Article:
Thursday, November 10, 2011

MultipleOutputFormat and File Handle Limitations

Recently, we used Hadoop for a heavy batch processing job. The job itself was not very special, in fact, the very same job is run on a daily basis to process some sort of data incrementally. The job instances had run fine for several months. Now we wanted to process the data of some months at once and all of a sudden, the processing job died with nasty (and somehow missleading) exceptions. The reduce task logs were filled with lots of stacktraces like
 at org.apache.hadoop.hdfs.DFSClient$DFSOutputStream.createBlockOutputStream(
 at org.apache.hadoop.hdfs.DFSClient$DFSOutputStream.nextBlockOutputStream(
 at org.apache.hadoop.hdfs.DFSClient$DFSOutputStream.access$2000(
 at org.apache.hadoop.hdfs.DFSClient$DFSOutputStream$
This stacktrace alone did not provide a lot of information about the real exception cause. However, together with the corresponding name node logs, it became clear that the corresponding reduce processes could not open new files for output writing. After realizing that the job is using org.apache.hadoop.mapred.lib.MultipleOutputFormat for output writing, the reason for the failing jobs became clear: file handle limitations. The only question was: which ones? The Linux OS has these limitations and Hadoop's HDFS as well. To make a long story short, we had to increase both of them.

Linux and Open File Limits

Linux limits the number of parallel open files on a per process basis. A given user might only start a certain number of processes (type ulimit -u to see your own limit) in parallel and each of these processes is only allowed to write to a certain number of files in parallel (ulimit -n). The default value for open files is 1024 (at least in debian/ubuntu-flavored distributions). To get around our problem from above, we increased this limit for the user running our Hadoop cluster by editing the /etc/security/limits.conf. To make the machine recognize the new limits, it is necessary to log out and afterwards back in again. However, in our case we do not login as the user hadoop directly, but using the su command. Thus, no new login shell is started and the configuration option would not be recognized. In his blog post, Armin describes how to edit /etc/pamd.d/su in this scenario.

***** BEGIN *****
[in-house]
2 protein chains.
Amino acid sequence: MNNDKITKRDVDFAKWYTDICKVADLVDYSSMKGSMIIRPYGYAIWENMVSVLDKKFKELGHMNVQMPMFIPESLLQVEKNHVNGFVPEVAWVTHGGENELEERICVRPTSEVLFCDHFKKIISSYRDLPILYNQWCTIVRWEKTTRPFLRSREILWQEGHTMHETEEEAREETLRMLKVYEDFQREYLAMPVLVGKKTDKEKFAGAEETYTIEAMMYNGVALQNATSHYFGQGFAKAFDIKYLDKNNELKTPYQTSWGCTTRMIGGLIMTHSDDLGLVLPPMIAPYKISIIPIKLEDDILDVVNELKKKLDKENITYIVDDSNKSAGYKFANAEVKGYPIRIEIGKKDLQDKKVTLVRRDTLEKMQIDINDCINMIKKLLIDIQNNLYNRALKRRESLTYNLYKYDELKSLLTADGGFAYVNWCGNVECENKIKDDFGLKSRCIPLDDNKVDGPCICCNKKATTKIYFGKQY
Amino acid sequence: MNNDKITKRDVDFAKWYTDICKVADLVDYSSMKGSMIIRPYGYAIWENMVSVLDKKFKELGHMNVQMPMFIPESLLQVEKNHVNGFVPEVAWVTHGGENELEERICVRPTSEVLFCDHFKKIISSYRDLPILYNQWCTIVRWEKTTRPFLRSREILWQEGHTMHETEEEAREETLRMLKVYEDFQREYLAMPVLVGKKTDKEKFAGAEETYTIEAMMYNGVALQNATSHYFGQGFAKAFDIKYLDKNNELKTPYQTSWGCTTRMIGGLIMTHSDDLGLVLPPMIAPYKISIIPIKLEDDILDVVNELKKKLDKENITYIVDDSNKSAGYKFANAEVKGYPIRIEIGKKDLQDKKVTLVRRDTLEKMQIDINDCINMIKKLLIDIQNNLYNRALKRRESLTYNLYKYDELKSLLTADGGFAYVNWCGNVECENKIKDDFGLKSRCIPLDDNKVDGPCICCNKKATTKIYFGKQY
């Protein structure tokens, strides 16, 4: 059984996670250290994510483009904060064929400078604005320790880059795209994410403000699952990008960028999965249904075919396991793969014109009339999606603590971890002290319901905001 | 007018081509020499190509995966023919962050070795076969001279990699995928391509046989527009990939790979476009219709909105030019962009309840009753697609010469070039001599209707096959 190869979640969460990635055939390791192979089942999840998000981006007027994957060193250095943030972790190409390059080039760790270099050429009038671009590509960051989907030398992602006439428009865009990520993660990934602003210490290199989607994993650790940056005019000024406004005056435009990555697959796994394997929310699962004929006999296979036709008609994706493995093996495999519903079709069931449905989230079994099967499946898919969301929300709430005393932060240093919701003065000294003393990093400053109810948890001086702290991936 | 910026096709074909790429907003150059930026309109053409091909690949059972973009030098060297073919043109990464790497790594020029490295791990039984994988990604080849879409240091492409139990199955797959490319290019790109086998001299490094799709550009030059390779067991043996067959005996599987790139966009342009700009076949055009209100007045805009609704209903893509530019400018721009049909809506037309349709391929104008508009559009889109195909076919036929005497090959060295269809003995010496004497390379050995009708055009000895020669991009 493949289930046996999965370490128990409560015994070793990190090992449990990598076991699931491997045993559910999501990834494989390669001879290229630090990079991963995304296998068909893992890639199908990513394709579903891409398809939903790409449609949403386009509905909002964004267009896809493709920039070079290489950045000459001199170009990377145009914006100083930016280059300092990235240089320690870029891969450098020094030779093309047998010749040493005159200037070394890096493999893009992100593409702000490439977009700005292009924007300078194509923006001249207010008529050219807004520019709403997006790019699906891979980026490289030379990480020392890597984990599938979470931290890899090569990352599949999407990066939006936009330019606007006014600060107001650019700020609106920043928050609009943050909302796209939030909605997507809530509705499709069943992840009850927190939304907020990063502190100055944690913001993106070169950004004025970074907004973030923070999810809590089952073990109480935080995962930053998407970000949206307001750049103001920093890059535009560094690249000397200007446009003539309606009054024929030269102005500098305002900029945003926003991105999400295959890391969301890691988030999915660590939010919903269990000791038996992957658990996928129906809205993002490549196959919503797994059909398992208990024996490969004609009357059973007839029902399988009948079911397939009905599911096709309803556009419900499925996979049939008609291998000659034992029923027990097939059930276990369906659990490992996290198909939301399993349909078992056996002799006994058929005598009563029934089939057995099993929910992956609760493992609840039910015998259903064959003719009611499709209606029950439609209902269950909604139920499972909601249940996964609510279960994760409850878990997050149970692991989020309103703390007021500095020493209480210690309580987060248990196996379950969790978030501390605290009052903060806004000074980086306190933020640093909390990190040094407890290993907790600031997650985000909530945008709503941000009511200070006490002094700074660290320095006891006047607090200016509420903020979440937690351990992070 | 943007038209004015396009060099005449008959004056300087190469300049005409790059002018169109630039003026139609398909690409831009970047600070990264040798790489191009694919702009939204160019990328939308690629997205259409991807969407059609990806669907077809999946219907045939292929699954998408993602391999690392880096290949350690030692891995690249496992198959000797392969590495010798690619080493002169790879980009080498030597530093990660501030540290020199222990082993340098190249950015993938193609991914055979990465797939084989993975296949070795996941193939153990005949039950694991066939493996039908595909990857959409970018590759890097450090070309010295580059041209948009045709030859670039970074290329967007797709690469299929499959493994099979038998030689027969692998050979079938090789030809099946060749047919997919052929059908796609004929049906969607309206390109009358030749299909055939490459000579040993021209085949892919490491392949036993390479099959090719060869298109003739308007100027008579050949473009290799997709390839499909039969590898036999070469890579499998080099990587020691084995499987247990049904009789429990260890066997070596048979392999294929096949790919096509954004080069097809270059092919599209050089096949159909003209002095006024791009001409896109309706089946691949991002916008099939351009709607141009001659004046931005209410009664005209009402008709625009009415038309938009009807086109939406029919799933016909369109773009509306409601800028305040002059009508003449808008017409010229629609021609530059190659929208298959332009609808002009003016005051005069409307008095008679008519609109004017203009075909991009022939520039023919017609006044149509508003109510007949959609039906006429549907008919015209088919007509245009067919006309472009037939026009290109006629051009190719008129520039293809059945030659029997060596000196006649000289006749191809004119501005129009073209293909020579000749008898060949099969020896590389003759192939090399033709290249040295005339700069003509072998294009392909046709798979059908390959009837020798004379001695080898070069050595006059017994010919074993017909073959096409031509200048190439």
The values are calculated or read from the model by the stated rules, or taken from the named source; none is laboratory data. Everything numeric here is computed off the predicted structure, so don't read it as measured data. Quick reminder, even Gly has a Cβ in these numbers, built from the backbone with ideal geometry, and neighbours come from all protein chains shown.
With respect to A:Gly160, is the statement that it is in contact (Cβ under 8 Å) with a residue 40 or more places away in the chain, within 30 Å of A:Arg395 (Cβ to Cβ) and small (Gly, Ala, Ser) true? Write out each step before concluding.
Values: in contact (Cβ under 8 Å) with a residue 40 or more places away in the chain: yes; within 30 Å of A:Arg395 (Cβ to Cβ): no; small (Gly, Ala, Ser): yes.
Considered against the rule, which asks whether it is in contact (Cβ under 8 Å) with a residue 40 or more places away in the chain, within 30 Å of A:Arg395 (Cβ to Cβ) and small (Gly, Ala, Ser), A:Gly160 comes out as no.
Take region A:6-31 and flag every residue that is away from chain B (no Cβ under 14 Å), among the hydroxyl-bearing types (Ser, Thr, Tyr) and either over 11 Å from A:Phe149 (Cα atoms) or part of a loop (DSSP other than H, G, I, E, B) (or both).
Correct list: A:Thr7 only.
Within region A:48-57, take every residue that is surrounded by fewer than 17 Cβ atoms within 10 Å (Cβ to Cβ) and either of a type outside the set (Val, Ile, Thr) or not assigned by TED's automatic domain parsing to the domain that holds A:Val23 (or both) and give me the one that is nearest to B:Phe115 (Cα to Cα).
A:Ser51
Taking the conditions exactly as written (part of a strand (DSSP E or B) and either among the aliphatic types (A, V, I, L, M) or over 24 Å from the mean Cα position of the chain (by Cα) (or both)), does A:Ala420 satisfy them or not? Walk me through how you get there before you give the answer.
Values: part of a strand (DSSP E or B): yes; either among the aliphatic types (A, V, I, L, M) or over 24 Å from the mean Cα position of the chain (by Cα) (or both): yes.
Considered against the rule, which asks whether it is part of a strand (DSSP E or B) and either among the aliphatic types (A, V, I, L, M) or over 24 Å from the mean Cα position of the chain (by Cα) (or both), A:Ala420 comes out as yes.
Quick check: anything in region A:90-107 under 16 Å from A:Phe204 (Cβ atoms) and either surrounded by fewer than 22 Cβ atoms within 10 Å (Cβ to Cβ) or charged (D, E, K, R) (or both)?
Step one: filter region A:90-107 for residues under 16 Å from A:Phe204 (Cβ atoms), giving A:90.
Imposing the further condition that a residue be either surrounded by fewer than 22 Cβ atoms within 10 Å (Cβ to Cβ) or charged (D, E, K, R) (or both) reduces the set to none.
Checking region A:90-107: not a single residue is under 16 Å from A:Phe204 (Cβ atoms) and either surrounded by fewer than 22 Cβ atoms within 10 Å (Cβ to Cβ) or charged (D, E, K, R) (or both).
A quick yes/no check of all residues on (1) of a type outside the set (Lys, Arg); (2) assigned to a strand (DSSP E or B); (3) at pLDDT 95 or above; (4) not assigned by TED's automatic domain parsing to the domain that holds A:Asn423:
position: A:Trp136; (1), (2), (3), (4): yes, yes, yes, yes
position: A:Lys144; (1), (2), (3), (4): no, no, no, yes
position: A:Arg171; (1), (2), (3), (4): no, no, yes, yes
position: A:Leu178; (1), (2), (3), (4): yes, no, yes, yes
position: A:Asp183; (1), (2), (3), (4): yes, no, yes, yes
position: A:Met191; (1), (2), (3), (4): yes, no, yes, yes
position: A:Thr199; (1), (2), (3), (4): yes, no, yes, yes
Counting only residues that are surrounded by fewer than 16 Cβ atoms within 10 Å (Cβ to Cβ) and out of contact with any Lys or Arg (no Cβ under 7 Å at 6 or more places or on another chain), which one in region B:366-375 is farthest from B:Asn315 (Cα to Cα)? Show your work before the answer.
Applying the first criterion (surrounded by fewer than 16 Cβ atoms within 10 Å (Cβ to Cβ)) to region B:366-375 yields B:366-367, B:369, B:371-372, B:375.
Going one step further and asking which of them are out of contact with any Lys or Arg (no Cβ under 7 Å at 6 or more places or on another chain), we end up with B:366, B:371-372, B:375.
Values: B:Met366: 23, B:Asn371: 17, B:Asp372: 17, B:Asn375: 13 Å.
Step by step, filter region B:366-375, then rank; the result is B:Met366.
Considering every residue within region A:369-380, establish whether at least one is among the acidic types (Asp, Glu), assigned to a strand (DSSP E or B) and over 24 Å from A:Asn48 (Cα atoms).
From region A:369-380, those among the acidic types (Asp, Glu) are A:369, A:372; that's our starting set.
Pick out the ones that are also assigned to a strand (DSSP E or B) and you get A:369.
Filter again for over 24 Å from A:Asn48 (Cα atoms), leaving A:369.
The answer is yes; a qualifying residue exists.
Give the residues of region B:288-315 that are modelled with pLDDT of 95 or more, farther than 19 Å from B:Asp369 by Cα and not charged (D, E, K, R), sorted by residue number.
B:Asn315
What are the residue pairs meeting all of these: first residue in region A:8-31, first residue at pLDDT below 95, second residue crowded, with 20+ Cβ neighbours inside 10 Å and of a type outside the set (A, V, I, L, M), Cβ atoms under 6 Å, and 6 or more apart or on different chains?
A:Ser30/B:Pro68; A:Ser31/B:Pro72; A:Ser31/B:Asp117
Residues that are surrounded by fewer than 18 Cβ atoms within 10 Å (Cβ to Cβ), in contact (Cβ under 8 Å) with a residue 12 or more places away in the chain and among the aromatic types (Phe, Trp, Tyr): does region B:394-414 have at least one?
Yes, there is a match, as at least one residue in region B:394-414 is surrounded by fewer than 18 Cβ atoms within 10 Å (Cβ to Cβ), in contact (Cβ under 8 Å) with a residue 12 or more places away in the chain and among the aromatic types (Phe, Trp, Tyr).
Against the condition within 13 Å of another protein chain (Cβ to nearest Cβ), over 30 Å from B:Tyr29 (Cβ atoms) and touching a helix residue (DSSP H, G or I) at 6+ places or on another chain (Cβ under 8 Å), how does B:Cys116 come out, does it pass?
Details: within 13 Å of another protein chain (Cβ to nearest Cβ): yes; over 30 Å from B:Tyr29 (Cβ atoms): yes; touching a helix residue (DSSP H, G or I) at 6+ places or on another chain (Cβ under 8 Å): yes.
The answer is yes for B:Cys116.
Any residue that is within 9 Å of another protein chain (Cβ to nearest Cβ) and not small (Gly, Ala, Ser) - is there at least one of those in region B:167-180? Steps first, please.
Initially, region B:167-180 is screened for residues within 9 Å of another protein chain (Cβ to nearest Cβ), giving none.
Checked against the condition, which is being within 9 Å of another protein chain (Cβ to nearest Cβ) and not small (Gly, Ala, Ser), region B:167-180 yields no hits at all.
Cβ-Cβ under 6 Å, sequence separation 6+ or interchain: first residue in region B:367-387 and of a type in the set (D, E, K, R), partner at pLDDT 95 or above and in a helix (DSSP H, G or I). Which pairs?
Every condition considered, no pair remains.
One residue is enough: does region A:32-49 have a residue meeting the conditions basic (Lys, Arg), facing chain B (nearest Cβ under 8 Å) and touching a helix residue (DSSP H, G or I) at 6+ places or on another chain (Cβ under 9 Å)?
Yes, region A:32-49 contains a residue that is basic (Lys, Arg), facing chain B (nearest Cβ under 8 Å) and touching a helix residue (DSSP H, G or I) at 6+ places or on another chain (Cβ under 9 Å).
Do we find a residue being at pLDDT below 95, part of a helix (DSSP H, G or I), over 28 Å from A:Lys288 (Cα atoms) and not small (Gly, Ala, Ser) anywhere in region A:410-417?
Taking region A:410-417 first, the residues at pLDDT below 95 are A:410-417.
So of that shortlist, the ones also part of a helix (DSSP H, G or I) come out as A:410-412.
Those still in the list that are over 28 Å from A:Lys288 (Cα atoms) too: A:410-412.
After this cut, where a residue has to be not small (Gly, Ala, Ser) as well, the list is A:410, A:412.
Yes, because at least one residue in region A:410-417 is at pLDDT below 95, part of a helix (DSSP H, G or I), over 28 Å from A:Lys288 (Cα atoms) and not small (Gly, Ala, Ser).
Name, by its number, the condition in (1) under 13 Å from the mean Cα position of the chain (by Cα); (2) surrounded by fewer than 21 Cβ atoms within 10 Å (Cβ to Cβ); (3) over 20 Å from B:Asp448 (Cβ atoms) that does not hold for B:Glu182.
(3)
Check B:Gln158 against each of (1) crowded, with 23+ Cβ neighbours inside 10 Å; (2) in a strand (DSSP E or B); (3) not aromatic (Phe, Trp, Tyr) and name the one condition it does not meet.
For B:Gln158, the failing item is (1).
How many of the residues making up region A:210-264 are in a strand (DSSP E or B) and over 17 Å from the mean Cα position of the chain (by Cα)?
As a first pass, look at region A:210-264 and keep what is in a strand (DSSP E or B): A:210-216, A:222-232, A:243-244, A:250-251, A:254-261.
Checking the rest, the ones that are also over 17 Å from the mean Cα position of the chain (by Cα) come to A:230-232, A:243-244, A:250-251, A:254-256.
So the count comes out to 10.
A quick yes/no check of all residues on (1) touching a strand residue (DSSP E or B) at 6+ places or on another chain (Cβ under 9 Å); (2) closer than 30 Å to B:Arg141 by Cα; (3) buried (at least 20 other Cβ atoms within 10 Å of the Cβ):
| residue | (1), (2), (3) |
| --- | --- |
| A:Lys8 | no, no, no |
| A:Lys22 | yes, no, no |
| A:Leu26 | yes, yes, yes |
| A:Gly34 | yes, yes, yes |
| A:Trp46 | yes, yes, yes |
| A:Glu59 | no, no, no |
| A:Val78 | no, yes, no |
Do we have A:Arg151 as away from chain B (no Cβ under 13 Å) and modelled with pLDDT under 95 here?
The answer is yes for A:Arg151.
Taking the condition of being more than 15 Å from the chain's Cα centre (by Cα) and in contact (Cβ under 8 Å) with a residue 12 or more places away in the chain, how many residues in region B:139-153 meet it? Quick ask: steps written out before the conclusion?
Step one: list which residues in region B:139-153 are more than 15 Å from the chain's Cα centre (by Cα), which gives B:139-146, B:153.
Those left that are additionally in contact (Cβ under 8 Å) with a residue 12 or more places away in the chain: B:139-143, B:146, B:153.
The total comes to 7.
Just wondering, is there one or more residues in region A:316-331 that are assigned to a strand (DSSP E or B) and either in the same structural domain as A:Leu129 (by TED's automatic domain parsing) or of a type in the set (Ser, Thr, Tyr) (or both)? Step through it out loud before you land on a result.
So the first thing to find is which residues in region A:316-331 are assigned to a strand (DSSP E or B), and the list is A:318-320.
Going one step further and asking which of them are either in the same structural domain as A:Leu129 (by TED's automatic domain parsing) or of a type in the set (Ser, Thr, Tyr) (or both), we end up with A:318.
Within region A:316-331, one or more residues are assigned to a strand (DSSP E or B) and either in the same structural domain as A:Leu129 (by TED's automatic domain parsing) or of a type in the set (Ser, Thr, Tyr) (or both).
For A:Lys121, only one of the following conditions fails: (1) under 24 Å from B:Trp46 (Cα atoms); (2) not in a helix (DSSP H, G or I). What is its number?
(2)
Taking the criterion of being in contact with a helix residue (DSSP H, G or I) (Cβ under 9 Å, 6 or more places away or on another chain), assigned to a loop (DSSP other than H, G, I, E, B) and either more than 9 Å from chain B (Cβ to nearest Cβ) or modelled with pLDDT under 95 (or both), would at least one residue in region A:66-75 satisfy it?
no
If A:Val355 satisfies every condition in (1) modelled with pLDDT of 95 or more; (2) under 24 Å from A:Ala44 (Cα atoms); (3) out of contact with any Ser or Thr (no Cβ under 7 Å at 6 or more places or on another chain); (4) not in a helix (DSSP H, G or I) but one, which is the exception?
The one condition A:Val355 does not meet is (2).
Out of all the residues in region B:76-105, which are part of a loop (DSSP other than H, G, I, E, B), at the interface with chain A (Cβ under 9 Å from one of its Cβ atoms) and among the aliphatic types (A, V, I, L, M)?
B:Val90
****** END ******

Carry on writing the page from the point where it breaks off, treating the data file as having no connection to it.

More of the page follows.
Hadoop and Open File Limits

Hadoop (we use version 0.20.2) has configuration parameters for almost everything. The one to specify the number of parallel files per datanode is named dfs.datanode.max.xcievers. Unfortunately, if not set otherwise, datanodes are at startup equipped with only 256 parallel file handles (see org.apache.hadoop.hdfs.server.datanode.DataXceiverServer class for details). The HBase documentation on the xcievers parameter recommends a value of 4096. As stated before, this parameter is evaluated during datanode startup time. Therefore, it is necessary to configure this parameter in the conf/hdfs-site.xml file on each datanode and restart the cluster afterwards.


We had to increase both the OS specific limits and the limits in the Hadoop configuration. None of them alone was sufficient. To accomplish the configuration changes, we had to update setting on each datanode machine and to restart the cluster. Afterwards, these exceptions from above were only to be seen on cluster nodes which were not properly updated.

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